The lucky ballet students of Milan's academy at La Scala get to perform five shows on one of Milan's most famous stages – the Teatro Strehler, named after the great director who established the famed Piccolo Teatro. Teatro Strehler is not ‘piccolo' though, and at the end of the Presentazione (an Etudes-inspired piece devised by the school's director, Frédéric Olivieri, giving all the courses a chance to shine) the stage fills with 160 young dancers from 11 to 18.
The second part of the programme was taken from the full-length La fille mal gardée (again with choreography by Olivieri) performed recently by the school on La Scala's stage, and now cut down to create a 30-minute divertissement. The cast I saw was the same as that seen at La Scala which was reviewed here in April. Filippo Ferdinando Pagani was as sunny and confident as he was at La Scala, and showing off some technical wizardry. However, seen again, the surprising casting of 16-year-old Gisèlle Odile Ghidoli as Widow Simone (a risk that paid off as she has a mature self-assuredness about her, and bags of personality) took my eye and mind away from her dancing the first time round, yet she excels there as well. Her manège in clogs put a big smile on my face.
The novelty was a piece called Balthus Variations, choreographed by Emanuela Tagliavia (who also teaches contemporary dance at the school) to an original score by Giampaolo Testoni. It consists of a series of scenes inspired by the works of the Polish-French painter Balthus, though that knowledge isn't necessary to appreciate the work. As soon as we see a glance, an interaction, we start to create stories in our heads, and in Balthus Variations the imagination gets to work overtime – so many combinations of dancers… so many situations.
Balthus was (in)famous for his paintings of adolescent girls. As the New Yorker neatly stated, he depicted “young girls in gamy poses”. Courageously for a ‘school show' there are suggestions of awakening sexuality, there is some same-sex partnering, and in the low-lighting there is intimacy, but also the idea of danger lurking in the shadows. It's a brave choice, and the subject matter must ring true to these 14 to 18-year-olds who are going through many of the emotions seen on stage – provocation and daring, wistfulness and despondency, flirtatiousness and longing. These young dancers obviously possess maturity and have faith in Tagliavia's vision to play out situations so close to their own experiences in front of 1,000 spectators (including mums, friends, and teachers, one supposes).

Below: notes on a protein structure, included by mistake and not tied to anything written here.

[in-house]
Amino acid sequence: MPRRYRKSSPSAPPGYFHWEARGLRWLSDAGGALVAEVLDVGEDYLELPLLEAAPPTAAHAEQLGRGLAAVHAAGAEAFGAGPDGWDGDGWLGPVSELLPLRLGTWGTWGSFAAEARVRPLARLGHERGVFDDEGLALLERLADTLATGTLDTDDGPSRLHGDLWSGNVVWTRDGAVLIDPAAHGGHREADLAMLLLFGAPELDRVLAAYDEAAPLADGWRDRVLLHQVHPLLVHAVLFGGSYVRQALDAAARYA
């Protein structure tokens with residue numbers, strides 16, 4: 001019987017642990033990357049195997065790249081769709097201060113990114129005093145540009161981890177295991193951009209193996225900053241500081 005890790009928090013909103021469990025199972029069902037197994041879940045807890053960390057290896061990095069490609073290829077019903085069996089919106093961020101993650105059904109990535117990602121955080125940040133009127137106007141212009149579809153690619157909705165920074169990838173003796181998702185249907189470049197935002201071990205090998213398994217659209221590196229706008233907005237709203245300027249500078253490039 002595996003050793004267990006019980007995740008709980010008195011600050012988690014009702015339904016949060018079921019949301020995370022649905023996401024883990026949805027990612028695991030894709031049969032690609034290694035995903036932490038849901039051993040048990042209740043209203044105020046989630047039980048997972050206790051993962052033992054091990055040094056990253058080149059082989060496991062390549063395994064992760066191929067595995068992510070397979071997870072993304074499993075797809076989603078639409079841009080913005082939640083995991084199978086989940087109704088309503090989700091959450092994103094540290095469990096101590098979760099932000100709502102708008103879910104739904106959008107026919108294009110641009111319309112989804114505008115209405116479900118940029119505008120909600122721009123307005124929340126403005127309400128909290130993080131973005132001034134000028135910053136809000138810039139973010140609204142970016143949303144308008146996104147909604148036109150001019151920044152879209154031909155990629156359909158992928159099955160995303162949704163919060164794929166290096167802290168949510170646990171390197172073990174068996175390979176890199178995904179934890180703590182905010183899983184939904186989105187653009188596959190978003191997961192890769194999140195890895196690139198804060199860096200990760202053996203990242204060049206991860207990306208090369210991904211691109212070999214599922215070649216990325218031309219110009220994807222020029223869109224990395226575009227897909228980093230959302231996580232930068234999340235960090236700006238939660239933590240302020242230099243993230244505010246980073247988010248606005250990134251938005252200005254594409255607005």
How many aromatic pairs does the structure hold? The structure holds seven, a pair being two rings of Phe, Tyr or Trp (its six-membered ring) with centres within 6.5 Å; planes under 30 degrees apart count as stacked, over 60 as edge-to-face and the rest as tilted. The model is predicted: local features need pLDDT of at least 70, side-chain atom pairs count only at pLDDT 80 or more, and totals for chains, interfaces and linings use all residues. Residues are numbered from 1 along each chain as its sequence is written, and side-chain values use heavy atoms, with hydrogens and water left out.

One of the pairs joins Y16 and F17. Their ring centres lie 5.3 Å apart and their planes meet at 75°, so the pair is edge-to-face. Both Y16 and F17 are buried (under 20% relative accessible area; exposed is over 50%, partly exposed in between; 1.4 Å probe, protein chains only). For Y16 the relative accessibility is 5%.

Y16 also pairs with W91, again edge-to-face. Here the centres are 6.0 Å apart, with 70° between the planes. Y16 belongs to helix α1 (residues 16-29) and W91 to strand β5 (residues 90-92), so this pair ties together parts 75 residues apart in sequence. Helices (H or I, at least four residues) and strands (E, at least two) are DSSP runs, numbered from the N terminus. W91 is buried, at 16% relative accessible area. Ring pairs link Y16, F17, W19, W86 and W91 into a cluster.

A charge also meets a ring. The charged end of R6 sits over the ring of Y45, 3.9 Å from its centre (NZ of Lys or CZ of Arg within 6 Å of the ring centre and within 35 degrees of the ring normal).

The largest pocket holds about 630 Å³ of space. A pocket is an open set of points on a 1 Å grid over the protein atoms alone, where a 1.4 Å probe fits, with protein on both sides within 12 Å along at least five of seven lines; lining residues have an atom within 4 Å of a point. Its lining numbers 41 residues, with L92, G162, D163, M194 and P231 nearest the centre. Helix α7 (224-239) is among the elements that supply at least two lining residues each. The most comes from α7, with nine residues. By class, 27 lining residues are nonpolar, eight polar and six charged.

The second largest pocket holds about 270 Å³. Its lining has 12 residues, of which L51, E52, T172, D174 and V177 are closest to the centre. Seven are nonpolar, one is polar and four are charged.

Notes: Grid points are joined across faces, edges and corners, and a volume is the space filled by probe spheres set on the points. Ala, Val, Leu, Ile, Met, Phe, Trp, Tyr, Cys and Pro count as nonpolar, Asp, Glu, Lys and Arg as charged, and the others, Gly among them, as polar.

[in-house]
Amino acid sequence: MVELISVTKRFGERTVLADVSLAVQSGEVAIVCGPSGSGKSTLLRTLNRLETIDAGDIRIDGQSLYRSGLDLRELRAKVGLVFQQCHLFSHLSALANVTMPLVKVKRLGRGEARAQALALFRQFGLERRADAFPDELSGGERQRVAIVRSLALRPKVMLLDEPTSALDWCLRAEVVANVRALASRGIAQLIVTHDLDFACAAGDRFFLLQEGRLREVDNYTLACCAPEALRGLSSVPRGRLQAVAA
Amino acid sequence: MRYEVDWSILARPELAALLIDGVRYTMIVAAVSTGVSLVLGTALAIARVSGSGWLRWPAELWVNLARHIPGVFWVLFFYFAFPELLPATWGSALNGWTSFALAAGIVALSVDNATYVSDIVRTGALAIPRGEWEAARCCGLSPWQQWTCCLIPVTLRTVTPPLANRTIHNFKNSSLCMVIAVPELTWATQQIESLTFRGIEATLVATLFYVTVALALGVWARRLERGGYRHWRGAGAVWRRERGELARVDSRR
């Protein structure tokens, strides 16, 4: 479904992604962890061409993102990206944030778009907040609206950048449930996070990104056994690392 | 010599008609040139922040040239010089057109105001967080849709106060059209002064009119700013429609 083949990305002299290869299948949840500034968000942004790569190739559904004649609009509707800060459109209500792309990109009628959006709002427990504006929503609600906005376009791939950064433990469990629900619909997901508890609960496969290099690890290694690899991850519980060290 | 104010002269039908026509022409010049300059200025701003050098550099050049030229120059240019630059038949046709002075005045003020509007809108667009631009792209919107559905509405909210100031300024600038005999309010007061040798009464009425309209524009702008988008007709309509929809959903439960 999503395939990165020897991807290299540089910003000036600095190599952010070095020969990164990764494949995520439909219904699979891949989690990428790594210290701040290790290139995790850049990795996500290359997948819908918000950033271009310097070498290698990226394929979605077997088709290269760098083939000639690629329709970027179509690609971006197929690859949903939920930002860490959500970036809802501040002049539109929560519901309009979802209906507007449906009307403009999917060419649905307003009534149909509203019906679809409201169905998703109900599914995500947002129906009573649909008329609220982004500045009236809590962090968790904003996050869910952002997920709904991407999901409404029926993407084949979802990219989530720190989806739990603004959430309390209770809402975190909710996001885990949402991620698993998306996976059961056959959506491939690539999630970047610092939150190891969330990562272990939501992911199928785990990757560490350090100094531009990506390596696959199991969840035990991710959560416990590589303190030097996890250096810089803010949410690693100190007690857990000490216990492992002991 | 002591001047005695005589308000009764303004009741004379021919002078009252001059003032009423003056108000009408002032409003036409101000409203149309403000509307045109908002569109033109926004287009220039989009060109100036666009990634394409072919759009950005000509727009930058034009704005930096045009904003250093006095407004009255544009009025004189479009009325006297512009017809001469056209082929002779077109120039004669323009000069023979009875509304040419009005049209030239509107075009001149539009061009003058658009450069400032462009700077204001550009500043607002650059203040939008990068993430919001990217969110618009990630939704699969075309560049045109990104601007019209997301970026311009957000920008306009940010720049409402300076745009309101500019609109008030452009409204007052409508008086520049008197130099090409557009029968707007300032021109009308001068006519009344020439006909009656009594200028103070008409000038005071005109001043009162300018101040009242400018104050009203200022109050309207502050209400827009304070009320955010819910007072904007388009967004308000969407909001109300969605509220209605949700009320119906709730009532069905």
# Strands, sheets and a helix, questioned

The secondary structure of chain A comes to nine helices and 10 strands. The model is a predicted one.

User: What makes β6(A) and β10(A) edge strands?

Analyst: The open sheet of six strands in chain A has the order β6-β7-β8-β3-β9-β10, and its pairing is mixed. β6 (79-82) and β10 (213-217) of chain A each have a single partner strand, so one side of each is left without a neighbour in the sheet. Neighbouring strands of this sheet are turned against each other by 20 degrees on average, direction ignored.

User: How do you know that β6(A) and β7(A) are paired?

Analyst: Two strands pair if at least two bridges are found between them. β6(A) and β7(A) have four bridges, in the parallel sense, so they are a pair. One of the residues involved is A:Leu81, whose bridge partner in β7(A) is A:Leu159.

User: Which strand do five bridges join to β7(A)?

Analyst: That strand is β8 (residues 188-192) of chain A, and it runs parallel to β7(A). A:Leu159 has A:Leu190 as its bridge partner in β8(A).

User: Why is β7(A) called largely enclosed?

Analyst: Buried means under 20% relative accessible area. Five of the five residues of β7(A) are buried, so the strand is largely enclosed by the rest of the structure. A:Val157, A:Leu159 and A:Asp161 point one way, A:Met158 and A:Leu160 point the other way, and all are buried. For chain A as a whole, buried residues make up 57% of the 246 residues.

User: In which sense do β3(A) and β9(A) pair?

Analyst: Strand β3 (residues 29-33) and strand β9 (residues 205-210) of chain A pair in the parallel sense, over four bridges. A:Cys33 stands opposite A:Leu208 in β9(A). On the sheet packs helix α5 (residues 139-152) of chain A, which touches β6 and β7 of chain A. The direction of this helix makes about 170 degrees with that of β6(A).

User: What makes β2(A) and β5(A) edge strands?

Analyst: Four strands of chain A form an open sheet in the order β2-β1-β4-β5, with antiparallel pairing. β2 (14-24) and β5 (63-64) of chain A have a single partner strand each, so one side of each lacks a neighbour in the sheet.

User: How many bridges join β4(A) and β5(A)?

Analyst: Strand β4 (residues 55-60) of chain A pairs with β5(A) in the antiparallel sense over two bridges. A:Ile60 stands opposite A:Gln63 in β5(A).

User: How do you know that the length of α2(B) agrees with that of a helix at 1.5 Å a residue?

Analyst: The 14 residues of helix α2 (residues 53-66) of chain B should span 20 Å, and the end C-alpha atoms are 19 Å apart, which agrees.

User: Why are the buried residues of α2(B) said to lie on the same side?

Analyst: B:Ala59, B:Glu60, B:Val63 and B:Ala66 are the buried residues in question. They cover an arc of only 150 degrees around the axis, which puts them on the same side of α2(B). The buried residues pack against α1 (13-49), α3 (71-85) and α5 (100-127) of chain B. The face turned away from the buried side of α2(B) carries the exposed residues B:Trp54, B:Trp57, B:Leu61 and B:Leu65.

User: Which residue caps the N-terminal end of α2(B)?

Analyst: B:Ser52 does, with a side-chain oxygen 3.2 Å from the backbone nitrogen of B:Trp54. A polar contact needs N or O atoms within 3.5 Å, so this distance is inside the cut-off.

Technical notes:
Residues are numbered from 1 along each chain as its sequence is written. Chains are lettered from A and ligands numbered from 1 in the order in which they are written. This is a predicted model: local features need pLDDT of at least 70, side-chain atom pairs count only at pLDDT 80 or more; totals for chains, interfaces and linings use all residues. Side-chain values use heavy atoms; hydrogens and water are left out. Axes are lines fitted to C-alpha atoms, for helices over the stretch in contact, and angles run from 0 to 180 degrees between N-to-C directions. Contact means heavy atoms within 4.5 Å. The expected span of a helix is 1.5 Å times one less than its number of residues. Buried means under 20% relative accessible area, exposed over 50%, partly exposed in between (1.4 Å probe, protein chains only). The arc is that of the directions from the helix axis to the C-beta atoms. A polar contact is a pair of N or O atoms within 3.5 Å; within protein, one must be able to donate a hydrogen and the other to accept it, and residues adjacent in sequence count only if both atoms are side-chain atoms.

They were colourfully dressed (by Lou Antinori) in 1950s garb with above-the-knee skirts, pleated trousers, woollen waistcoats, and cardigans. They imitate some of Balthus's poses, giving distinct hues to the choreographic palette – hands crossed above the head, slipping down to lounge on the floor (often with one knee raised, as seen in many of his paintings), interweaving their limbs and, being that the inspiration is from canvases, adopting still poses.
There are solos, duets, trios, and various combinations working upwards to moments involving most of the company of 29 dancers. Often there are various scenes going on around the stage. The casting seems to be unusually sex-blind in the formations – there may be a group of mostly boys with just a couple of girls, but for no apparent reason… they are just dancers, performing the same choreographic vocabulary. Most of the piece is moody (though, towards the end, there is a section that resembles a school prom), but from the proud, happy faces during the applause it was clear that the young dancers had thoroughly enjoyed the challenge.
Testoni's seductive, melodic score alternates distinctive dance rhythms (with a slight French flavour… a touch of the accordion) with dreamy and slightly melancholic string and woodwind sections. The strong aural contrasts are a gift for the choreographer, but also for the dancers who get to try out an array of movements allowed for by the wide-ranging score. It's the sort of music it would be a pleasure to listen to without the visual element, which is rare for this type of contemporary piece.
So, from classical to contemporary, an exam passed. Now, in a month's time, the final year students have to confront their academic exams – from manège to mathematics – in bocca al lupo… break a leg!
Graham Spicer is a writer, director and photographer in Milan, blogging (under the name ‘Gramilano') about dance, opera, music and photography for people “who are a bit like me and like some of the things I like”. He was a regular columnist for Opera Now magazine and wrote for the BBC until transferring to Italy.
His scribblings have appeared in various publications from Woman's Weekly to Gay Times, and he wrote the ‘Danza in Italia' column for Dancing Times magazine.